For example, what if the project only took a half a day to complete? Some freelancers may charge 50%-75% of their day rate in this case. Using the example above, the price would range from $300-$450.

Or what if a client had a quick task like fixing a bug on their website, which only took an hour or so to resolve? Usually, you’ll need to offer both hourly rates and day rates to account for differently sized projects.

However, your hourly rate can also be derived from your day rate (e.g. by calculating 10%-20% of your day rate). Again, using the example above, your suggested hourly rate would range from $60-$120.

If some clients book your day rate and others request smaller hourly projects, try to schedule multiple small ones on the same day, so you can complete all your work in a timely manner while still honoring the clients paying for a whole day.

Curious what your day rate is? Utilize this helpful day rate calculator.

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Option 4: Fixed Rate

The fixed-rate pricing strategy is when you charge a flat fee for an entire project. For example, you may charge $500 to develop a landing page. Clients like fixed-rate pricing because it’s easy for them to budget for the project.

However, since fixed-rate pricing is not tied to time, you have to exercise good judgment in calculating how long a project may take to complete. After all, whether it ends up taking you 10 hours or 40 hours, you’ll still receive the same fixed price you quoted. Also, you have to protect yourself against any scope creep.

It’s important to reach an agreement with the client that any changes to the scope of work defined will be billed appropriately.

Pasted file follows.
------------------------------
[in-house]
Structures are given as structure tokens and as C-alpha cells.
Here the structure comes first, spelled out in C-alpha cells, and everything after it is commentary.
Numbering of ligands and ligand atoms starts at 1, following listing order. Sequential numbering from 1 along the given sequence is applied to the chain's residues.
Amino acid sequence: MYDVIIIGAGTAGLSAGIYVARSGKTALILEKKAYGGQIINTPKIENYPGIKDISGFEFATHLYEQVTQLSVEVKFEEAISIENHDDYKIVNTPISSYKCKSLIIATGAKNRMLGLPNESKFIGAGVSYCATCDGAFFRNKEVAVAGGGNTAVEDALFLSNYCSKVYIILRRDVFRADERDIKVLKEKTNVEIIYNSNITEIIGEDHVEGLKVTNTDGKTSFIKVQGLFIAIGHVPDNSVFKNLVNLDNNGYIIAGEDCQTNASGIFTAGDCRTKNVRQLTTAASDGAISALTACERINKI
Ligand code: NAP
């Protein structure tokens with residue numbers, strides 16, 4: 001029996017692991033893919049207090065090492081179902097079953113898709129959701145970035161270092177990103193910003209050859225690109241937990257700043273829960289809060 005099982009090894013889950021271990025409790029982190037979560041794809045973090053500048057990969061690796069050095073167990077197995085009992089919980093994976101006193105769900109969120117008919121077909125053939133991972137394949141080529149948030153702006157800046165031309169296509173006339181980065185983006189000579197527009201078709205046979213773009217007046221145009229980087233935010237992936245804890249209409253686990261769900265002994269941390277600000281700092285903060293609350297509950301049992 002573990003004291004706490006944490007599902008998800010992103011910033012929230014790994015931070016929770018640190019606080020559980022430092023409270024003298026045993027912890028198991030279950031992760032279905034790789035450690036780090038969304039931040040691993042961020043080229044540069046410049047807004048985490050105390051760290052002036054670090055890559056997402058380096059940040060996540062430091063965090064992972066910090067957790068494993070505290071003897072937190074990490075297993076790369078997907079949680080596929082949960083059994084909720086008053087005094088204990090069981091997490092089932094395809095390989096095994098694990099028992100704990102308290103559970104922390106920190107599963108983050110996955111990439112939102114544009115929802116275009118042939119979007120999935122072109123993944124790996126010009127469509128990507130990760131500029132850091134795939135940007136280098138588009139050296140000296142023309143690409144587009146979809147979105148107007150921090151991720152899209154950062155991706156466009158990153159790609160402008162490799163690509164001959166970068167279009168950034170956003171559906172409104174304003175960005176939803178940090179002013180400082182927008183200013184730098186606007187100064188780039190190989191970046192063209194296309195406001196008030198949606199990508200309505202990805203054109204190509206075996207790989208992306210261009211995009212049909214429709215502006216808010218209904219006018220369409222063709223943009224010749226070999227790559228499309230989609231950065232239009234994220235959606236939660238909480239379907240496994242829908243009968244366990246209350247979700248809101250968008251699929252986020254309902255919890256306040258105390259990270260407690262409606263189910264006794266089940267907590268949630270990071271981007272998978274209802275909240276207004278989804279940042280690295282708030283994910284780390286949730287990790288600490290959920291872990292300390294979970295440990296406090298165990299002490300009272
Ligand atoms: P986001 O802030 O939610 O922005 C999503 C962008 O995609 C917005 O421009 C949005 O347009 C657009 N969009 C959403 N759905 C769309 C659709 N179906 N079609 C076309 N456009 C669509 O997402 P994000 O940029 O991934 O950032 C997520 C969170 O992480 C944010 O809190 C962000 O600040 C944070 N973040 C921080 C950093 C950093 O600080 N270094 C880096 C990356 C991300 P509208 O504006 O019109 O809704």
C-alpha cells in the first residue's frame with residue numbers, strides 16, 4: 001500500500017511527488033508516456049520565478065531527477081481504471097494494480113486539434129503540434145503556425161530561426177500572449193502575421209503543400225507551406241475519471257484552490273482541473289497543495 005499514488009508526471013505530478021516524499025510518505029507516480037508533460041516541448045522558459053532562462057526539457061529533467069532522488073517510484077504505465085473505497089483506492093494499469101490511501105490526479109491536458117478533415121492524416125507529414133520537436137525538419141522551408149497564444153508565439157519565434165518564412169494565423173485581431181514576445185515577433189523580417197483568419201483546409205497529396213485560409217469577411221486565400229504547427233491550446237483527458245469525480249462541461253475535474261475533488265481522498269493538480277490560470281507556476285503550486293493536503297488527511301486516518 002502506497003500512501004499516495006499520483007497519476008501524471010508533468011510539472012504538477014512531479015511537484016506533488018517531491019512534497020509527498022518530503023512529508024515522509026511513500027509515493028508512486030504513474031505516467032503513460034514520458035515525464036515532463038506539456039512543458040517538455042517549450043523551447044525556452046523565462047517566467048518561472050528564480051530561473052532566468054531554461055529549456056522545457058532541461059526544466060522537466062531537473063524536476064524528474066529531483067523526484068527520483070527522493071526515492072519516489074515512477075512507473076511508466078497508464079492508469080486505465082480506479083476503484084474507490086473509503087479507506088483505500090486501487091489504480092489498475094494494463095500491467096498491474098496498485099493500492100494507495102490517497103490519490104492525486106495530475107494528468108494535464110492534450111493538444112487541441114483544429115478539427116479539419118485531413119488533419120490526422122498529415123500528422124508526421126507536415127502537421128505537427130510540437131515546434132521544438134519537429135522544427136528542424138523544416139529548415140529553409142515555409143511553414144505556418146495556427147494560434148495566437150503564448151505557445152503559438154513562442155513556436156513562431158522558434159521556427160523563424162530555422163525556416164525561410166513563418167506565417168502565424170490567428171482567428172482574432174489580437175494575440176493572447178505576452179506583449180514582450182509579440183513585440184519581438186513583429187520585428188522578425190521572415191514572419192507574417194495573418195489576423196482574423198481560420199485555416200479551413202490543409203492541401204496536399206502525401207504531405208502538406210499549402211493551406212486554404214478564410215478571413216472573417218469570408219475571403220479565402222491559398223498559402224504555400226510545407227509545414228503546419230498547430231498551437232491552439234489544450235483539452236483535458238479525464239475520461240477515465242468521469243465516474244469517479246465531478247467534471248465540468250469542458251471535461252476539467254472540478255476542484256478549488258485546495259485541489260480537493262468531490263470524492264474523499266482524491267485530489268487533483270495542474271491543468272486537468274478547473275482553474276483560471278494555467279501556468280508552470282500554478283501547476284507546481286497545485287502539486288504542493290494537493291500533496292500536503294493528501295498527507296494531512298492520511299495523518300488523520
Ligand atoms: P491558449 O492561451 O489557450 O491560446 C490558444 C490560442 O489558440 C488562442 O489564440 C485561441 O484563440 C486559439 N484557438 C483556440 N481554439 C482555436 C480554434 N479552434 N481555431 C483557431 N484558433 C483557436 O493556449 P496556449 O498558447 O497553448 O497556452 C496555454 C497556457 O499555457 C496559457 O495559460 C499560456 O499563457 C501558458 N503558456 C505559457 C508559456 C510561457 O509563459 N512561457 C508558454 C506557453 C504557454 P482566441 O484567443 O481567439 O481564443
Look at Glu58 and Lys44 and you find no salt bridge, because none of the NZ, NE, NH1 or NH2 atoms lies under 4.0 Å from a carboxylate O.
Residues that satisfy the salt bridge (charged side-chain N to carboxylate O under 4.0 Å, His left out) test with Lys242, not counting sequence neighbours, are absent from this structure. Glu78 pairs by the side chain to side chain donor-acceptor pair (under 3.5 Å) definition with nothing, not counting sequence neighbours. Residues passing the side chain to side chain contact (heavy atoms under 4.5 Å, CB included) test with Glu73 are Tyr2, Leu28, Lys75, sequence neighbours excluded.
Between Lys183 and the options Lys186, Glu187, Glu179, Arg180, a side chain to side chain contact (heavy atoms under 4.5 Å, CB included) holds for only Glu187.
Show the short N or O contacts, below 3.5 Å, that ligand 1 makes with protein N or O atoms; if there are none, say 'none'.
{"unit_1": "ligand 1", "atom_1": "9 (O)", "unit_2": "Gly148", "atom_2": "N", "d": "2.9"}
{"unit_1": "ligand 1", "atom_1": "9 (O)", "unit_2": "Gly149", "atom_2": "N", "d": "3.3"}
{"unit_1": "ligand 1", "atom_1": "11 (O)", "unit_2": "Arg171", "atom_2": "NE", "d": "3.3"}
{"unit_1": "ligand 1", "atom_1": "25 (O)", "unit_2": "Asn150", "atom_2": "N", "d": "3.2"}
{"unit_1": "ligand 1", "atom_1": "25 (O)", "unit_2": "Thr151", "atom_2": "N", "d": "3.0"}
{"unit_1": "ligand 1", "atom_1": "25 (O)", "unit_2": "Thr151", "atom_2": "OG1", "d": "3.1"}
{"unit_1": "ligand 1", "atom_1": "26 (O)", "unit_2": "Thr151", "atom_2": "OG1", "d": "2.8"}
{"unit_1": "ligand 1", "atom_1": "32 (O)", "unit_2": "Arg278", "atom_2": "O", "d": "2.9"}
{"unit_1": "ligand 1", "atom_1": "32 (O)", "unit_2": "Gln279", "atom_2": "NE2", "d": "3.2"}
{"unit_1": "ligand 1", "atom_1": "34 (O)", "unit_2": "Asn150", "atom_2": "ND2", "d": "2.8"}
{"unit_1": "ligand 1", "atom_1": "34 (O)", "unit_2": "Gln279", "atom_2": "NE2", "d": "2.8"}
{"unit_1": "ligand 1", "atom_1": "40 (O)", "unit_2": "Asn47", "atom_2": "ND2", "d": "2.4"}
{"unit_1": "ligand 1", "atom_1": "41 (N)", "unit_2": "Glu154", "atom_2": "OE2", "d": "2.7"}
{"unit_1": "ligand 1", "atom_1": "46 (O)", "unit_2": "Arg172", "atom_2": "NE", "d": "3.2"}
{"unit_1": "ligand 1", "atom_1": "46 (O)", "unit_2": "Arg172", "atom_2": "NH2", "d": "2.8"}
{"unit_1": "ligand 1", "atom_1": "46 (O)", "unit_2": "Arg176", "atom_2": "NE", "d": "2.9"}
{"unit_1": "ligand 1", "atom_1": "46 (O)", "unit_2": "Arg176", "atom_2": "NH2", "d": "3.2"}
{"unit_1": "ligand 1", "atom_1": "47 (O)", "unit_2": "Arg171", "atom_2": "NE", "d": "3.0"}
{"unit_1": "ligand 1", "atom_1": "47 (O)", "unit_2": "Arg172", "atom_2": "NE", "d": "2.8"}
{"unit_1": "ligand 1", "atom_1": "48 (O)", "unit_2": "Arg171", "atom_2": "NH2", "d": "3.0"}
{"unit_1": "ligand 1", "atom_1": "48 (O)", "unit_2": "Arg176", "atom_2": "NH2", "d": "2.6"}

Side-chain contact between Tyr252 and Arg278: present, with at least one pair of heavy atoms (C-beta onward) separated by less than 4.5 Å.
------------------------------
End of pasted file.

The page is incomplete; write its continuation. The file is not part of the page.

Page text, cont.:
fixed-rate job

Option 5: Cost-Plus

The cost-plus pricing strategy is relatively simple to implement. First, you determine the cost of the project. For example, typical costs would include your labor hours to build the website as well as expenses like purchasing the domain, hosting, theme, and plugins. Then, you add your desired profit on top of that cost. Thus, the final price you charge is its cost plus your profit.

If the project scope increases because a client wants additional features, so does the project cost; thus, you’re able to charge the customer more to cover those extra costs without impacting your profit margins.

With cost-plus pricing, however, the final price is not based on the client’s perceived value of the service you are providing. As a result, there is a limit to how much you can charge a client using this pricing approach.

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Option 6: Market-Based

Another way to determine your pricing is by researching market prices. There are two ways you can approach this to ensure you’re offering a competitive price. One, you can see what other freelancers are charging for similar services. Two, you can research existing job posts to determine what people are willing to pay for you to solve their problems using your coding skills.

market-based rate

The easiest place to start to figure out market pricing is Upwork.com. On Upwork you can search both by freelancers or job types, allowing you to conduct your market research with one tool.

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Option 7: Value-Based